Those Who Remember and Forget as I Do are My Nation.

“The essence of a nation is, that all its individual members should have many things in common; and also, that all of them should hold many things in oblivion.”

Ernest Renan, “What is a Nation” (1882)

It is easy to found national feeling on the shared memory of glorious victories over the nation’s enemies.  It is just as easy to found it in the shared memory of the nation’s humiliation by hateful oppressors.  But it is impossible to found national feeling in the shared memory of a glorious victory of one half of the nation over a humiliated other half.  When a nation has been torn by internecine strife, as most nations eventually are, national feeling must be founded on mutual and common forgetting.

There is no nation if there is no national history, and there is no national history if there is no agreement in what members of the nation remember and forget.  Note that I do not say agreement about what they ought to remember or forget. A nation that pretends to share common memories is pretending to be a nation.  A national past is most certainly a fiction, but national feeling requires a common insensibility to the fact that it is a fiction.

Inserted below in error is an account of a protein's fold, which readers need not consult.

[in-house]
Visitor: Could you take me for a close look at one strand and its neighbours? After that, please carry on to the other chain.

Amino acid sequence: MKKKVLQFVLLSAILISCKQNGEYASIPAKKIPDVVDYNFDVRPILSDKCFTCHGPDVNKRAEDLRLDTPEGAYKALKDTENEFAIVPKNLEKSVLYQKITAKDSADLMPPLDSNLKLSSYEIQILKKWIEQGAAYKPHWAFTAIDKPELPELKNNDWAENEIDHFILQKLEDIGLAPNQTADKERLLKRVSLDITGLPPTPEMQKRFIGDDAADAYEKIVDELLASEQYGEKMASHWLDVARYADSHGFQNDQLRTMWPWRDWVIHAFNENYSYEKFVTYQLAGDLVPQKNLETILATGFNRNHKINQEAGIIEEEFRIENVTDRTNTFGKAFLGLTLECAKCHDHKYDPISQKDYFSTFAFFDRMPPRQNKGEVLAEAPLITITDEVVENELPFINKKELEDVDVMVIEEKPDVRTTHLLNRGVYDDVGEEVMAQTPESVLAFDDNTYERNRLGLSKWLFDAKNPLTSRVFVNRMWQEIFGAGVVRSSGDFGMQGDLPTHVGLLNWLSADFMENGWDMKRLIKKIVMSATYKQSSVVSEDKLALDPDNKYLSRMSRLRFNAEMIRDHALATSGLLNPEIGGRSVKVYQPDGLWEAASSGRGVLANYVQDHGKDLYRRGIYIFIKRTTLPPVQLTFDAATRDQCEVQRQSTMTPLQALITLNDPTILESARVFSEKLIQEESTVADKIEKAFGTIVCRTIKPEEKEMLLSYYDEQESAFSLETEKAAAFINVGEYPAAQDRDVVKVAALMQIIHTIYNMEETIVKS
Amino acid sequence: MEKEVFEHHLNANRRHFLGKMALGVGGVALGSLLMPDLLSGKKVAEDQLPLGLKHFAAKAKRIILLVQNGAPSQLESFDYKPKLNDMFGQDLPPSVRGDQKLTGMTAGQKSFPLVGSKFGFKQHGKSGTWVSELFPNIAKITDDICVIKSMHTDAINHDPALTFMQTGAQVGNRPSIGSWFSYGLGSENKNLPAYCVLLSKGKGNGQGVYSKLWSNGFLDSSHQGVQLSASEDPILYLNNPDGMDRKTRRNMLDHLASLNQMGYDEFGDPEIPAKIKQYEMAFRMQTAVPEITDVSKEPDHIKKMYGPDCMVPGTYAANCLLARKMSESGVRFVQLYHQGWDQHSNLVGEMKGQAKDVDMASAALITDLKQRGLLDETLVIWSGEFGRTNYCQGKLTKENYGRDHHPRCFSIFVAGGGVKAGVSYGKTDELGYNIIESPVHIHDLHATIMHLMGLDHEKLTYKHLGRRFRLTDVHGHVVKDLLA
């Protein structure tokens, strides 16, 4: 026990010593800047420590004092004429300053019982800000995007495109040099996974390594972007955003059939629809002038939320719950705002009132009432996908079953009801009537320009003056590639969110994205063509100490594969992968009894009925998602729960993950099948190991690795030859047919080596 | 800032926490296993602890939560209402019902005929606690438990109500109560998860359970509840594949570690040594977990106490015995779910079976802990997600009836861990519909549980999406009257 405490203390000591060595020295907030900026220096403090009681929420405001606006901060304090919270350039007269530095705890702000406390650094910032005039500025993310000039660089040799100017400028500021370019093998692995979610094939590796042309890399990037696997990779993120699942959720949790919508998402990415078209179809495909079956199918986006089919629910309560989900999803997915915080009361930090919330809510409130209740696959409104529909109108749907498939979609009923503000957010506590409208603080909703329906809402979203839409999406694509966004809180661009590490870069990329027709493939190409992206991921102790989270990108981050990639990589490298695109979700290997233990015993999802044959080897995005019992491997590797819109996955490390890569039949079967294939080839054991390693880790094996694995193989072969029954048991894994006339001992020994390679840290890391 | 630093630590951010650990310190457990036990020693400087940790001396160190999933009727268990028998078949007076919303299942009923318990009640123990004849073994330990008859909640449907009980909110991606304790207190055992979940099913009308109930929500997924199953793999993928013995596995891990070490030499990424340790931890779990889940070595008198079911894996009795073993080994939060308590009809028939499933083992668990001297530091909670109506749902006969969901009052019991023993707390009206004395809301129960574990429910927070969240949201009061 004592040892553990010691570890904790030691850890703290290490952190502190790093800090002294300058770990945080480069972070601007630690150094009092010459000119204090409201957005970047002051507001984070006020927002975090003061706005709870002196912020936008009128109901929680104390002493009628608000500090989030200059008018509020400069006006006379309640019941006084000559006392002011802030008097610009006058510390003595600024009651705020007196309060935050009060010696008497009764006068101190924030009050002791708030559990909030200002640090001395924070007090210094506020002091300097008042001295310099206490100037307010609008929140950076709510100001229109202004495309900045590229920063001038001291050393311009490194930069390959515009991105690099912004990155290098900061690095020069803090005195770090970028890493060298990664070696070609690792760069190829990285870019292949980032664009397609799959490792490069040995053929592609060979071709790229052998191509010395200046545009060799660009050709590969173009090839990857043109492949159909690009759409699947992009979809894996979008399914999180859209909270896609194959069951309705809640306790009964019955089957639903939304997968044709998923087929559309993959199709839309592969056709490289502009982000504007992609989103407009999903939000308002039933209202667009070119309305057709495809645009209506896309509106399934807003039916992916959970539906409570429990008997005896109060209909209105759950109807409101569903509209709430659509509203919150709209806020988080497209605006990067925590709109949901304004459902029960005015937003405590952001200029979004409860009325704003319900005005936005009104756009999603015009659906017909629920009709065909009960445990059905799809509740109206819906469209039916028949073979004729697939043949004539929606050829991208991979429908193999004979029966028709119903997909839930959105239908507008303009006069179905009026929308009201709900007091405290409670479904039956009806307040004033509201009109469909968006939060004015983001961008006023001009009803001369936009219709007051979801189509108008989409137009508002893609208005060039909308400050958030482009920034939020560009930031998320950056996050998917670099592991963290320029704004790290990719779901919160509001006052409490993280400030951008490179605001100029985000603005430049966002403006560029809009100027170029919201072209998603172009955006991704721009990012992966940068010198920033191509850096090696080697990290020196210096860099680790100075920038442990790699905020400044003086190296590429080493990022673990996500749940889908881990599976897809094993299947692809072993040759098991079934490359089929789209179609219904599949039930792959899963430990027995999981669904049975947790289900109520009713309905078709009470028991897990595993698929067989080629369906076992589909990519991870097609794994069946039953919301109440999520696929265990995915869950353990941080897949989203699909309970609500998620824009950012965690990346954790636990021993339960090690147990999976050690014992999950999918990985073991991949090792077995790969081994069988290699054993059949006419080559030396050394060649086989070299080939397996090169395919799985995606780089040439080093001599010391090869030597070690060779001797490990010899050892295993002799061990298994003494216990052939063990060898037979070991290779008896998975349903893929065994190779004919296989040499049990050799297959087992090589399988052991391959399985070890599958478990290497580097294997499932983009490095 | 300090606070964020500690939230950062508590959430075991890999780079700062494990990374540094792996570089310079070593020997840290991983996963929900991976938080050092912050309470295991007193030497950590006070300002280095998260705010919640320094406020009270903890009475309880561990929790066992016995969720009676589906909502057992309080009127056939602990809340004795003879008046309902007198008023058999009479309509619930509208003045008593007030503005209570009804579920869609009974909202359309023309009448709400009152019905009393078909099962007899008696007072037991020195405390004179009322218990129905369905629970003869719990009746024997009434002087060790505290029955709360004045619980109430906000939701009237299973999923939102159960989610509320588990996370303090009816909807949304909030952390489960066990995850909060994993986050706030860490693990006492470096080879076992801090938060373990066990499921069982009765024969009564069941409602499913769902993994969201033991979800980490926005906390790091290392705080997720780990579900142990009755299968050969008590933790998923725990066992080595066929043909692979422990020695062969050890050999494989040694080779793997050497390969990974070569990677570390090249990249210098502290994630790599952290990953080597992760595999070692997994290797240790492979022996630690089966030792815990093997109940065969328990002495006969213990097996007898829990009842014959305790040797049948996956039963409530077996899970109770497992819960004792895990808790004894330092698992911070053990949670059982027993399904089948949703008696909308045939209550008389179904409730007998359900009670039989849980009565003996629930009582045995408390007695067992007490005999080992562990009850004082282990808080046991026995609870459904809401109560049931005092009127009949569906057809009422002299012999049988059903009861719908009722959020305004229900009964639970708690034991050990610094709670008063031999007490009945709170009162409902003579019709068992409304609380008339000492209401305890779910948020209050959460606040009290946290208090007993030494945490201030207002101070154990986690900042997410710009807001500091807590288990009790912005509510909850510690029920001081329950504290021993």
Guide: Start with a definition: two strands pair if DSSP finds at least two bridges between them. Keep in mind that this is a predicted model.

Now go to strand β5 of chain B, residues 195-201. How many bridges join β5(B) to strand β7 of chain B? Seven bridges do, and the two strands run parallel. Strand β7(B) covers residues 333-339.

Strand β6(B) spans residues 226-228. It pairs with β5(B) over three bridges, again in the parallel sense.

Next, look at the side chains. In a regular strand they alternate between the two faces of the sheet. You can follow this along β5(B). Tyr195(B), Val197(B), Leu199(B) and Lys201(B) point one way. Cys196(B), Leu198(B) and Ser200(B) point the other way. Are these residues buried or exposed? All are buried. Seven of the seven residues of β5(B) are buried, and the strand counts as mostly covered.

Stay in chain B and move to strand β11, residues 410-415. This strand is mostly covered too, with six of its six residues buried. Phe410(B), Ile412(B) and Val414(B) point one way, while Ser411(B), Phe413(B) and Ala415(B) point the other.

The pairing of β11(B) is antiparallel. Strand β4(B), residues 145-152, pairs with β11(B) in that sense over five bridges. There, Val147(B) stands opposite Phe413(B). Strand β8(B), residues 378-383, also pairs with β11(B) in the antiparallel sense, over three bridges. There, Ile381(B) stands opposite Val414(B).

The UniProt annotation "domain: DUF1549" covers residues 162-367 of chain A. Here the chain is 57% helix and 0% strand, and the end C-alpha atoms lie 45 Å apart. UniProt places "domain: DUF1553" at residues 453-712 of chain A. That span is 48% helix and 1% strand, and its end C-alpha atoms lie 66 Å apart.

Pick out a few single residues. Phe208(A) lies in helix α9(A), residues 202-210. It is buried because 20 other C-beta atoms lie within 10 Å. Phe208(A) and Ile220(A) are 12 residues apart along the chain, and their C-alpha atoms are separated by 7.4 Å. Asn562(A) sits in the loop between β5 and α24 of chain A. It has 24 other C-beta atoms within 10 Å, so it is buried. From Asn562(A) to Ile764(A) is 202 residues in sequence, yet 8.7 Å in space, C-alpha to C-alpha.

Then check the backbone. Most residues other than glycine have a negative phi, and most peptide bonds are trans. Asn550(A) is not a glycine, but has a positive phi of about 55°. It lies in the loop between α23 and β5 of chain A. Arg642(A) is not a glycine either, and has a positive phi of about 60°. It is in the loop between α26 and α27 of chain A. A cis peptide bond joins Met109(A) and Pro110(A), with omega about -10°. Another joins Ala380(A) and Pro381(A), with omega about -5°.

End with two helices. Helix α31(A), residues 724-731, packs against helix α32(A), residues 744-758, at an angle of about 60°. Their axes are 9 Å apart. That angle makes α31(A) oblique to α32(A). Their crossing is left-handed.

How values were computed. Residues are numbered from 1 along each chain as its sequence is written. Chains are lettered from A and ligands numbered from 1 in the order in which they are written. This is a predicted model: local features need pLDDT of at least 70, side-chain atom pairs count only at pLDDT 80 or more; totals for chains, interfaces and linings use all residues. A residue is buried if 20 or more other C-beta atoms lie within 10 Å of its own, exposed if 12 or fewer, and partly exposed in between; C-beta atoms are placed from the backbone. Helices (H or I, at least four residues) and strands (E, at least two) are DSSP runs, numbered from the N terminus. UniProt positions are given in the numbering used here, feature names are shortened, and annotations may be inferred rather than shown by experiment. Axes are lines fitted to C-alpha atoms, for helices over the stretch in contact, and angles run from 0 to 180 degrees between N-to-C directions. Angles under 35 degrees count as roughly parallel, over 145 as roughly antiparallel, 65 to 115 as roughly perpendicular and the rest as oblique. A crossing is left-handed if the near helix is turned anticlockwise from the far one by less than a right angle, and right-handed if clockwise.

If you individually remember what the nation has forgotten, you have lost national feeling and parted from the nation.   If there are others like you, you and they have formed a new nation.  It makes no difference if prudential policy causes you to counterfeit the national amnesia, since you have not forgotten unless you truly forget both what and that you have forgotten.